After the University of Iowa was severely damaged by floods in June, a novel way of paying for the damage was mooted: selling Mural, the great Pollock in the university’s art museum. It didn’t take long for arts blogger Tyler Green to lead the charge against the idea, calling on museum directors around the country and even Iowa’s governor to denounce the sale before it was even a realistic possibility. The governor duly did what was expected of him:
Governor Culver believes the University of Iowa’s Jackson Pollock 1943 Mural is a treasure that belongs to the people of Iowa, for the people of Iowa, and should be preserved for future generations of Iowans.
He’s right. And Jeff Fleming, the director of the Des Moines Art Center, is right too that "the citizens of Des Moines, the citizens within the state of Iowa have just as much right as citizens on the right coast or the left coast to experience the art of our time".
All the same, some paintings belong not to "the people of Iowa" so much as to the people of the world, and belong in a world-class collection. Which, frankly, the University of Iowa Museum of Art isn’t.
Remember that the idea was never to simply sell Mural off to the highest bidder; it was to sell it to another museum. And I’m pretty sure there’s more than one major US institution which could rustle up a nine-figure sum pretty much overnight if the painting were to come on the market.
One of the reasons that contemporary art goes for such huge sums at auction is that nearly all the major art of the past is now in museums and therefore can’t be bought for any sum. But there’s a corollary to that well-known fact, which is that some of the greatest paintings of all time have washed up in relative backwaters which don’t and can’t do them justice.
Remember David Galenson’s list of the greatest artworks of the 20th Century? Mural wasn’t on it; the Desmoiselles were at #1. And as Marion Maneker pointed out in the comments, part of the reason why the Picasso is so undeniably great is that "MoMA has spent nearly 70 years making it so".
Mural and the Desmoiselles are actually quite similar: both were painted by young artists who were about to break into the big time. Both are large, raw, ambitious, stunning works which revealed a vision capable of changing the course of art history. And while both lack the elegance and beauty of some of the painter’s later pieces, they more than make up for that in their sheer insistent power and determination to be heard.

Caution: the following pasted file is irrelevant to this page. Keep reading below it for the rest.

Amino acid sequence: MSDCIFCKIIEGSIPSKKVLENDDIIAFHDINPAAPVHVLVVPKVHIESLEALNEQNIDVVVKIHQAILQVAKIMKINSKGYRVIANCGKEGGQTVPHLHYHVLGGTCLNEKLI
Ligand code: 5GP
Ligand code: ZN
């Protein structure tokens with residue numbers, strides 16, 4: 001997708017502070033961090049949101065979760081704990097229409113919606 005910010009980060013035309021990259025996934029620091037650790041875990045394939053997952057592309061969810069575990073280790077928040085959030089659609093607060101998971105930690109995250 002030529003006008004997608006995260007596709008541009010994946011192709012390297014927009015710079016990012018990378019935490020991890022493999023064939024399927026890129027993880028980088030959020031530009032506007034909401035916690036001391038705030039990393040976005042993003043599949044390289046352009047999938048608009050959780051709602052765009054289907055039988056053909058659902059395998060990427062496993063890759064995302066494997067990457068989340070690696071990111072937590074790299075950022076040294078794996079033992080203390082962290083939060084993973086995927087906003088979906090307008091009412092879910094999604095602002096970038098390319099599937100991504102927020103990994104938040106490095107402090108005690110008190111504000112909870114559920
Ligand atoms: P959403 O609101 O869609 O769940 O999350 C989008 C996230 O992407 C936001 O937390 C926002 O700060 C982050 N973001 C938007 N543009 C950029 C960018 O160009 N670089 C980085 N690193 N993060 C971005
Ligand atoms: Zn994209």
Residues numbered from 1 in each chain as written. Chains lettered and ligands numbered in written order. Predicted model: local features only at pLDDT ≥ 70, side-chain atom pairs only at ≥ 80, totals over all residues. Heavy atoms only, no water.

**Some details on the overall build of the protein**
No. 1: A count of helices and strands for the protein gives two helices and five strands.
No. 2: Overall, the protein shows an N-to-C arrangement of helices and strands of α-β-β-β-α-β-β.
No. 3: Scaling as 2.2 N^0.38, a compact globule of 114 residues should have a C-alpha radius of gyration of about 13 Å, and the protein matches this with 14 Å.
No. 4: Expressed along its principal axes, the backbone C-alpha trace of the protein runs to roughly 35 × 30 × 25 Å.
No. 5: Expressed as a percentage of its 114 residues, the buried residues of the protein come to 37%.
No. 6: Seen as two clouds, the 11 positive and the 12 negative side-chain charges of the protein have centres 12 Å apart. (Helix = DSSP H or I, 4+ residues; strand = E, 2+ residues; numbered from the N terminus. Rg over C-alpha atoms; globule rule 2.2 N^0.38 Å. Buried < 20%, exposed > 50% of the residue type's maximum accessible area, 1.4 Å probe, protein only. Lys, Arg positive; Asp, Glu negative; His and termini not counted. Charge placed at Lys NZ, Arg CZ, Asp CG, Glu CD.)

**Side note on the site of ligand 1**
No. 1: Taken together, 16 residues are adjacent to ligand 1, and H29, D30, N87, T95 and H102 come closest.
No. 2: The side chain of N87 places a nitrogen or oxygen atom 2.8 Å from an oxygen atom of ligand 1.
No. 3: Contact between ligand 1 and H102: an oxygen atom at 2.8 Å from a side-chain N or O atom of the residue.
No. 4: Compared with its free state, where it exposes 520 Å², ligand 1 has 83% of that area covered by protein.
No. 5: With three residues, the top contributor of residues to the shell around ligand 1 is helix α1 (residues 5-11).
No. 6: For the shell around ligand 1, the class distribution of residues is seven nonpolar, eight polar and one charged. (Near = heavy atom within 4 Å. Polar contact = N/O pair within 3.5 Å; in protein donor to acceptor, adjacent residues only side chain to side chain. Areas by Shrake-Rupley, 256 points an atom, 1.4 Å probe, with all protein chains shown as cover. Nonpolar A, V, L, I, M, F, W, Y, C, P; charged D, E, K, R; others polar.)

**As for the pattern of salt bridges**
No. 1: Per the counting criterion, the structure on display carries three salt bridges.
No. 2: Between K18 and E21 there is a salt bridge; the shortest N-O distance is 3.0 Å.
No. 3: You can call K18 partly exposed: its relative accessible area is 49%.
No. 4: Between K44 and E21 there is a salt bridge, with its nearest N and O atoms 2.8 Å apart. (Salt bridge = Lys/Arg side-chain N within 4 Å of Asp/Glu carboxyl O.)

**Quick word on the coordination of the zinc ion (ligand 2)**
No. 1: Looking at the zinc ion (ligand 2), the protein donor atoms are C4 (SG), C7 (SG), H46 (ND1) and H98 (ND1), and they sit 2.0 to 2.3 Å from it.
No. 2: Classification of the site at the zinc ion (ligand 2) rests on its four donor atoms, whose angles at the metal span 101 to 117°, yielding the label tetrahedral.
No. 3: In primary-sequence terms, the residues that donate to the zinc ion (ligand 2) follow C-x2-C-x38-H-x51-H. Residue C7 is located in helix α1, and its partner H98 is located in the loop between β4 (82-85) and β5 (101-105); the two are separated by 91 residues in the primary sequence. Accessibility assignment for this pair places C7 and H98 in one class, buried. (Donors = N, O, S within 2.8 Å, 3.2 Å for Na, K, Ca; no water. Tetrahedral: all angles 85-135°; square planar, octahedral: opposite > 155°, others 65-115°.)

All of which is to say that if Mural had ended up in MoMA rather than UIMA, it would probably at this point be generally considered to be the greatest American painting of all time. As it is, it’s described as being worth an "estimated $100 million" (which wouldn’t even get you an opening bid on such a work in today’s market) and as "one of the half-dozen greatest Pollocks". Nothing to be ashamed of there, but I do get the impression that being hidden away in Iowa has not done Mural any art-historical favors.
Indiana Jones, when he sees a priceless treasure, always says that it belongs in a museum. But not all museums are equal, and there’s surely a case to be made that the greatest of the great masterworks belong in museums which are worthy of them, rather than in small university collections.
Mural will, in fact, be arriving at MoMA in 2010, on temporary loan from Iowa. It will consort there with its peers, and take its rightful place in the art-historical pantheon. And then it will go back to the midwest, whence it came, out of sight and far off the beaten track.
This isn’t a numbers game: I don’t think that Mural should be in New York (or Washington, or Chicago, or LA) because it will be seen by more people there. This is rather about the obligation that we collectively have to preserve and honor and celebrate humanity’s greatest artistic achievements in the most condign manner.
Mural doesn’t belong to "the people of Iowa" — it belongs to nobody, or to everybody. Maybe the critics of a sale should stop thinking in terms of "forced deaccessioning" and start thinking in terms of a great donation by the people of Iowa to the people of America more generally. And as a gesture of thanks I’m sure it would be quite easy to help out the people of Iowa with a couple of hundred million dollars to put towards fixing their flood damage.